Mozilla Firefox to Block Social Media Tracking by Default

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Mozilla Firefox and its various forks – official or otherwise – have been the go-to web-browsers for privacy conscious netizens for the better part of two decades, and that continues to remain the case even amidst the public outcry about the organization’s plans to introduce advertising to earn more revenues.

The non-profit organization is now working on adding a new dedicated social tracking protection component to the browser’s existing tracker protection system to better protect users from persistent tracking by social media sites. Believed to have been first spotted by BleepingComputer, a Bugzilla post from last month suggests that the browser will soon have a dedicated blocking category named “Social media trackers” for protection from, well, social media trackers.

The social tracking protection is expected to be introduced in Firefox 70, and the initial blacklist will reportedly include trackers from a number of social media sites and associated domains, including Facebook, Twitter, Instagram, Oculus, FB Messenger, WhatsApp, TweetDeck, LinkedIn and YouTube. According to the report, however, although social tracking protection will be enabled by default, “Firefox will not aggressively block all trackers that could break the functionality of a site”.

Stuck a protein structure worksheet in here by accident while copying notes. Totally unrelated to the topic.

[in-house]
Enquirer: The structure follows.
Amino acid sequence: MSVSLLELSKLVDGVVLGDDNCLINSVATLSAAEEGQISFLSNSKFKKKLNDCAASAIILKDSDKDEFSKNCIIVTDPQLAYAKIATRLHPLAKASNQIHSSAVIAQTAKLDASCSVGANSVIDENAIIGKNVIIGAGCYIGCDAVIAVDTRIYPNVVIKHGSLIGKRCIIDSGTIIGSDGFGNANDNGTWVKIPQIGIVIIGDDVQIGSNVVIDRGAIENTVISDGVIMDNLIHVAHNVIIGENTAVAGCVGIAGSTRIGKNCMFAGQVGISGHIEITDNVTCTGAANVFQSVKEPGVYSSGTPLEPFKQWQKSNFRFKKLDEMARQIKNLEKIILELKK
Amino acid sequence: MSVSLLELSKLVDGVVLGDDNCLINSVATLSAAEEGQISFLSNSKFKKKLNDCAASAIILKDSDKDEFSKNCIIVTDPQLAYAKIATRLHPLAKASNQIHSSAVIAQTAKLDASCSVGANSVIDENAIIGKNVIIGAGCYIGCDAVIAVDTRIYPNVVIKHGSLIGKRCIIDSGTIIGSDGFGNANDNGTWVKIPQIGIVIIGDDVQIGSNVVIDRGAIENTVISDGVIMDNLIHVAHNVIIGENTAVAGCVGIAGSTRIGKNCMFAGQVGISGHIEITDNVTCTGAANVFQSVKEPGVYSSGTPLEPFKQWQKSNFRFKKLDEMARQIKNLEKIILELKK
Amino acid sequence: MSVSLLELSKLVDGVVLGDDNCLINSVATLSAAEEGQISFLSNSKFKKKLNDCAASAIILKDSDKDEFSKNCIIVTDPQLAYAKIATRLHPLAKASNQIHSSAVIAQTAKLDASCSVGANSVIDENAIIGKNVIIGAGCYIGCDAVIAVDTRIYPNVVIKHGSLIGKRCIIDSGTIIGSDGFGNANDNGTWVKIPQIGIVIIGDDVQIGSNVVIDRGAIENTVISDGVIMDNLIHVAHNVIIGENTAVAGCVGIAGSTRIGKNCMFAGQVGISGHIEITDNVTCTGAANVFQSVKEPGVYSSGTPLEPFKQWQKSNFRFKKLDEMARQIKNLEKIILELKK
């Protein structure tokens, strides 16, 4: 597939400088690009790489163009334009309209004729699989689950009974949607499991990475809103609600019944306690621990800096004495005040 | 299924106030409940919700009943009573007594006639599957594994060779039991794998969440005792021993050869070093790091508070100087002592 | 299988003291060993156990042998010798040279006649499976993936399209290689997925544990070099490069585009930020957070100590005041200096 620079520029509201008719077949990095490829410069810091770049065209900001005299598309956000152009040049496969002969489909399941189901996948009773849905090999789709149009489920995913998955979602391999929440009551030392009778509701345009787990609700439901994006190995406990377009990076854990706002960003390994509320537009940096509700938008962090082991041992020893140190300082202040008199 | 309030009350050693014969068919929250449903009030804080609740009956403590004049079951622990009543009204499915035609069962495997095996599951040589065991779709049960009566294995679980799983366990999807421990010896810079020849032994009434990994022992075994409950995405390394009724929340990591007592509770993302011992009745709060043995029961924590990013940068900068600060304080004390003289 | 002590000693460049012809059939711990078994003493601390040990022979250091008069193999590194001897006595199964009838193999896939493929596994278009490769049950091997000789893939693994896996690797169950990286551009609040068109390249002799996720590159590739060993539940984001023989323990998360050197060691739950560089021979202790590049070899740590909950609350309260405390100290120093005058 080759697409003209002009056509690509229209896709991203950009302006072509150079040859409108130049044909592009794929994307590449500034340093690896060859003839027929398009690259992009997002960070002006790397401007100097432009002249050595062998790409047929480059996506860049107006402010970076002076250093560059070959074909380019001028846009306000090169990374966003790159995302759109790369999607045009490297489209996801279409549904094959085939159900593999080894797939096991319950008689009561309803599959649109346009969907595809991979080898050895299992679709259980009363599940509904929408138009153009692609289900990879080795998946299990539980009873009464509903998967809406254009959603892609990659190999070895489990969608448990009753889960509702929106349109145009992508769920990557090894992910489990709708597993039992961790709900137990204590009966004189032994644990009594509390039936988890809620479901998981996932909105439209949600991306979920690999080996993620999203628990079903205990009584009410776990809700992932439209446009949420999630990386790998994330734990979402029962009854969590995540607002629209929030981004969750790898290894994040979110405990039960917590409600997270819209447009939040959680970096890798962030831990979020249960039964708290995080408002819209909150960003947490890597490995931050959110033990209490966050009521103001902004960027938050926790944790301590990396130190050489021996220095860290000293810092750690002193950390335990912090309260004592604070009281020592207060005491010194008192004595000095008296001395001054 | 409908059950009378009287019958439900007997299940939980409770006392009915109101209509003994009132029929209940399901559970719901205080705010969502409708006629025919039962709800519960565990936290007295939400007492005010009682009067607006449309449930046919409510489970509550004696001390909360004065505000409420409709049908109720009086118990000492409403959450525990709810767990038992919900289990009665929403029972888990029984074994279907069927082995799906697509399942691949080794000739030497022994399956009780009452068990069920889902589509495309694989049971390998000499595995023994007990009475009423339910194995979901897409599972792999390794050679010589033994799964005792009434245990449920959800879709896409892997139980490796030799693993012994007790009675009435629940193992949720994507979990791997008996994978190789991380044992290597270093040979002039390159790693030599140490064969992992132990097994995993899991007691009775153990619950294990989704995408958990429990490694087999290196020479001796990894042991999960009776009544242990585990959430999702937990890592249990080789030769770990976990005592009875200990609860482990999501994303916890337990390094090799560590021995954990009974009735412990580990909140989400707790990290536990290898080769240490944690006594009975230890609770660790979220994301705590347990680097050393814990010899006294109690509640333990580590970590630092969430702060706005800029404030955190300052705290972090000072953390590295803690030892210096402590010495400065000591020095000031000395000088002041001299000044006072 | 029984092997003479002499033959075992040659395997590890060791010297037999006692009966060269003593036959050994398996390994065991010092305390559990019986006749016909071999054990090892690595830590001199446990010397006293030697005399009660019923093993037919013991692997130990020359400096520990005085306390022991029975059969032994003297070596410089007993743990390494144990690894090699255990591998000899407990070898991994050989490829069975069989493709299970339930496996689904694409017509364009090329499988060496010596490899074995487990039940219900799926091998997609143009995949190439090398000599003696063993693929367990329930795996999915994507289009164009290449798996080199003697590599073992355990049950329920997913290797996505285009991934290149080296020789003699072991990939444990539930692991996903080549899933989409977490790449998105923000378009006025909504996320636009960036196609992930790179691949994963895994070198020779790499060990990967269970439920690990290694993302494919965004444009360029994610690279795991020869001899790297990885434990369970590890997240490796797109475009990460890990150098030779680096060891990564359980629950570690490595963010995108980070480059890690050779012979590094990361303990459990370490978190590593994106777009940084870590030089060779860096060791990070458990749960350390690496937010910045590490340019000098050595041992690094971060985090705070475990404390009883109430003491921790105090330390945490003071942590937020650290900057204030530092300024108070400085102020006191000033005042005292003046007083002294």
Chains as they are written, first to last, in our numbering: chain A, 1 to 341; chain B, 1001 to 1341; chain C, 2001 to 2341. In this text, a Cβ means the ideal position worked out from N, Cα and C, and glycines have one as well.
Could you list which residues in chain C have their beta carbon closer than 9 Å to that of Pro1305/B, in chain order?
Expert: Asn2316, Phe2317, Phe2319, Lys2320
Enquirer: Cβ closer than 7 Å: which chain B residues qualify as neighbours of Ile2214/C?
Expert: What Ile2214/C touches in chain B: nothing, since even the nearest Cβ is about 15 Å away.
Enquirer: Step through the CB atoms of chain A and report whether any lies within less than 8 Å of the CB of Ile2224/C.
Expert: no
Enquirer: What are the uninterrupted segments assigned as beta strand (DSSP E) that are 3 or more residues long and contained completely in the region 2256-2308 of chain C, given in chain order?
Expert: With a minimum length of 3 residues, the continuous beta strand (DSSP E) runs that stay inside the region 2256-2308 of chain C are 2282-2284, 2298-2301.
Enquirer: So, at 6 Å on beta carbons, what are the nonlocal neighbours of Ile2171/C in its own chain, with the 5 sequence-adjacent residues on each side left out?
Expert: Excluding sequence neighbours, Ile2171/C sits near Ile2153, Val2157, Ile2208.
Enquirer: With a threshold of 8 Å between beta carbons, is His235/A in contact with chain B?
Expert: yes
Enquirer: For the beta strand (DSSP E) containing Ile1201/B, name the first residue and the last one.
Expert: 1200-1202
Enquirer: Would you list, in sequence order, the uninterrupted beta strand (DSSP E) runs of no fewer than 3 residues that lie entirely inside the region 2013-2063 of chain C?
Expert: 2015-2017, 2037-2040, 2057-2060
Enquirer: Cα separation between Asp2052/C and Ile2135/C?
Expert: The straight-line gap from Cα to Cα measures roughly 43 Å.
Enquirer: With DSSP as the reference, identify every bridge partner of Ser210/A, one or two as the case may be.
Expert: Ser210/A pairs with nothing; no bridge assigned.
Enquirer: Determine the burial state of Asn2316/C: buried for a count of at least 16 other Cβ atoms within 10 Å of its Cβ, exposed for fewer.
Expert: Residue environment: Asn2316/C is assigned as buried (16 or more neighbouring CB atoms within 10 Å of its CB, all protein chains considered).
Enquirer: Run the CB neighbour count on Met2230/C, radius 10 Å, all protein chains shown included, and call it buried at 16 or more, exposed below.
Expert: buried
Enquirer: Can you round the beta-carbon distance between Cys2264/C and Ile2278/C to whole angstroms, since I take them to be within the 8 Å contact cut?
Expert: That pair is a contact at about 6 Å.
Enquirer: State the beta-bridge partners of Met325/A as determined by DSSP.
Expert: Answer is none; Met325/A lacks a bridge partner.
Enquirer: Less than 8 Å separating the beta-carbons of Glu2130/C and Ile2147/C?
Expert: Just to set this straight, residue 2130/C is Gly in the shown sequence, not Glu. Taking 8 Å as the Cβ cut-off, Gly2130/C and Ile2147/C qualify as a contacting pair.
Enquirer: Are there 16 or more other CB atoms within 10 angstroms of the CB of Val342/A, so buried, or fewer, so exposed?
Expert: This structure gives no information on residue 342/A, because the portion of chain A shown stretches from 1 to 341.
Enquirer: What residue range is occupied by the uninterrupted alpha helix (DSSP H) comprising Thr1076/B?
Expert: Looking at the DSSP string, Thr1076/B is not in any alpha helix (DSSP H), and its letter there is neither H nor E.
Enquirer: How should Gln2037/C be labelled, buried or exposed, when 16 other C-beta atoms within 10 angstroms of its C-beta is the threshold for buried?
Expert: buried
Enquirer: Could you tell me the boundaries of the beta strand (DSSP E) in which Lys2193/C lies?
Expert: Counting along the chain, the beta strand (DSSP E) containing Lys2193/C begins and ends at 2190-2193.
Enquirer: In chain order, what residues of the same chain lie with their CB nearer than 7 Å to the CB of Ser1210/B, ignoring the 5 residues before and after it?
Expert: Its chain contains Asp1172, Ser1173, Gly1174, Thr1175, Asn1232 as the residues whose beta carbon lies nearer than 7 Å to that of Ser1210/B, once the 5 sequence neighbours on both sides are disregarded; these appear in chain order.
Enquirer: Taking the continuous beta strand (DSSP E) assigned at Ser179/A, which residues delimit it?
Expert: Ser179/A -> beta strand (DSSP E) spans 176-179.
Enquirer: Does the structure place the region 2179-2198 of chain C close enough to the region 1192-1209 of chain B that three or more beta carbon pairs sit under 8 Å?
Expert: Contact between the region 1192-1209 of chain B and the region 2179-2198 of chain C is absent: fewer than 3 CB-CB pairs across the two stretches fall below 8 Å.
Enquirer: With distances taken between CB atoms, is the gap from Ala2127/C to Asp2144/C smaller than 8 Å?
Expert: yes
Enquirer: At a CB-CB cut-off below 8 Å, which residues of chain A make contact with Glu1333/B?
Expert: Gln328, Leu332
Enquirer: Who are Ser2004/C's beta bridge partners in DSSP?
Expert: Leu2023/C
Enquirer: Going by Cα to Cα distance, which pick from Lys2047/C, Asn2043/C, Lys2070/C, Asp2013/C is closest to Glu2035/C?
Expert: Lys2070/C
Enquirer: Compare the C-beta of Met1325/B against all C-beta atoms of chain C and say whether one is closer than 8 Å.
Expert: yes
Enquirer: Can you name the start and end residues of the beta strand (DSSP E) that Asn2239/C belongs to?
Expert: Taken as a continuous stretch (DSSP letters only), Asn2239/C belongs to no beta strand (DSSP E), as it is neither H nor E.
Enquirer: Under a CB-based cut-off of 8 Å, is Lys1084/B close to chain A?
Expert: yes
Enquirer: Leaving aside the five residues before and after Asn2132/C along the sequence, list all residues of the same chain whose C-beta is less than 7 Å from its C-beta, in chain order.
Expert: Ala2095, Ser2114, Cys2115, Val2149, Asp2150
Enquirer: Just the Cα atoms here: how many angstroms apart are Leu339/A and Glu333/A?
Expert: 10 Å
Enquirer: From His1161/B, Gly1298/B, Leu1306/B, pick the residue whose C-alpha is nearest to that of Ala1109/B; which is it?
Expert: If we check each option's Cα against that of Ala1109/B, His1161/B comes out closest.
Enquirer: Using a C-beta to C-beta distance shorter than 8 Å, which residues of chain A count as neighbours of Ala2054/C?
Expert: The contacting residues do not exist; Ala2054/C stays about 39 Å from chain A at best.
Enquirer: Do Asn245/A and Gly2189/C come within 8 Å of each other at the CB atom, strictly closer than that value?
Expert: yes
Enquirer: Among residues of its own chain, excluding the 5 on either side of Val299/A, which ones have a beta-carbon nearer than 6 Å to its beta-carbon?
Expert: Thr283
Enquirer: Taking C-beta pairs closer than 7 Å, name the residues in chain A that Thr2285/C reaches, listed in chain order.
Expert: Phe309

Official mockups from Mozilla seem to further suggest that the browser will also display a small-pop-up from time-to time after blocking social trackers, cryptominers, fingerprinting and cross-site tracking cookies, as seen in the official mockup below.

Mozilla Firefox to Block Social Media Tracking by Default
Image Courtesy: Mozilla (Via BleepingComputer)

While Mozilla has admitted that it’s working on social tracking protection, it says there’s no guarantee that any of these features will ever see the light of day. In a statement to BleepingComputer, the organization said: “Until we make a public announcement or you see it appear in the general release of Firefox or other products, there is no guarantee that an experimental feature or experience will make it into the Firefox product offerings”.

VIA BleepingComputer
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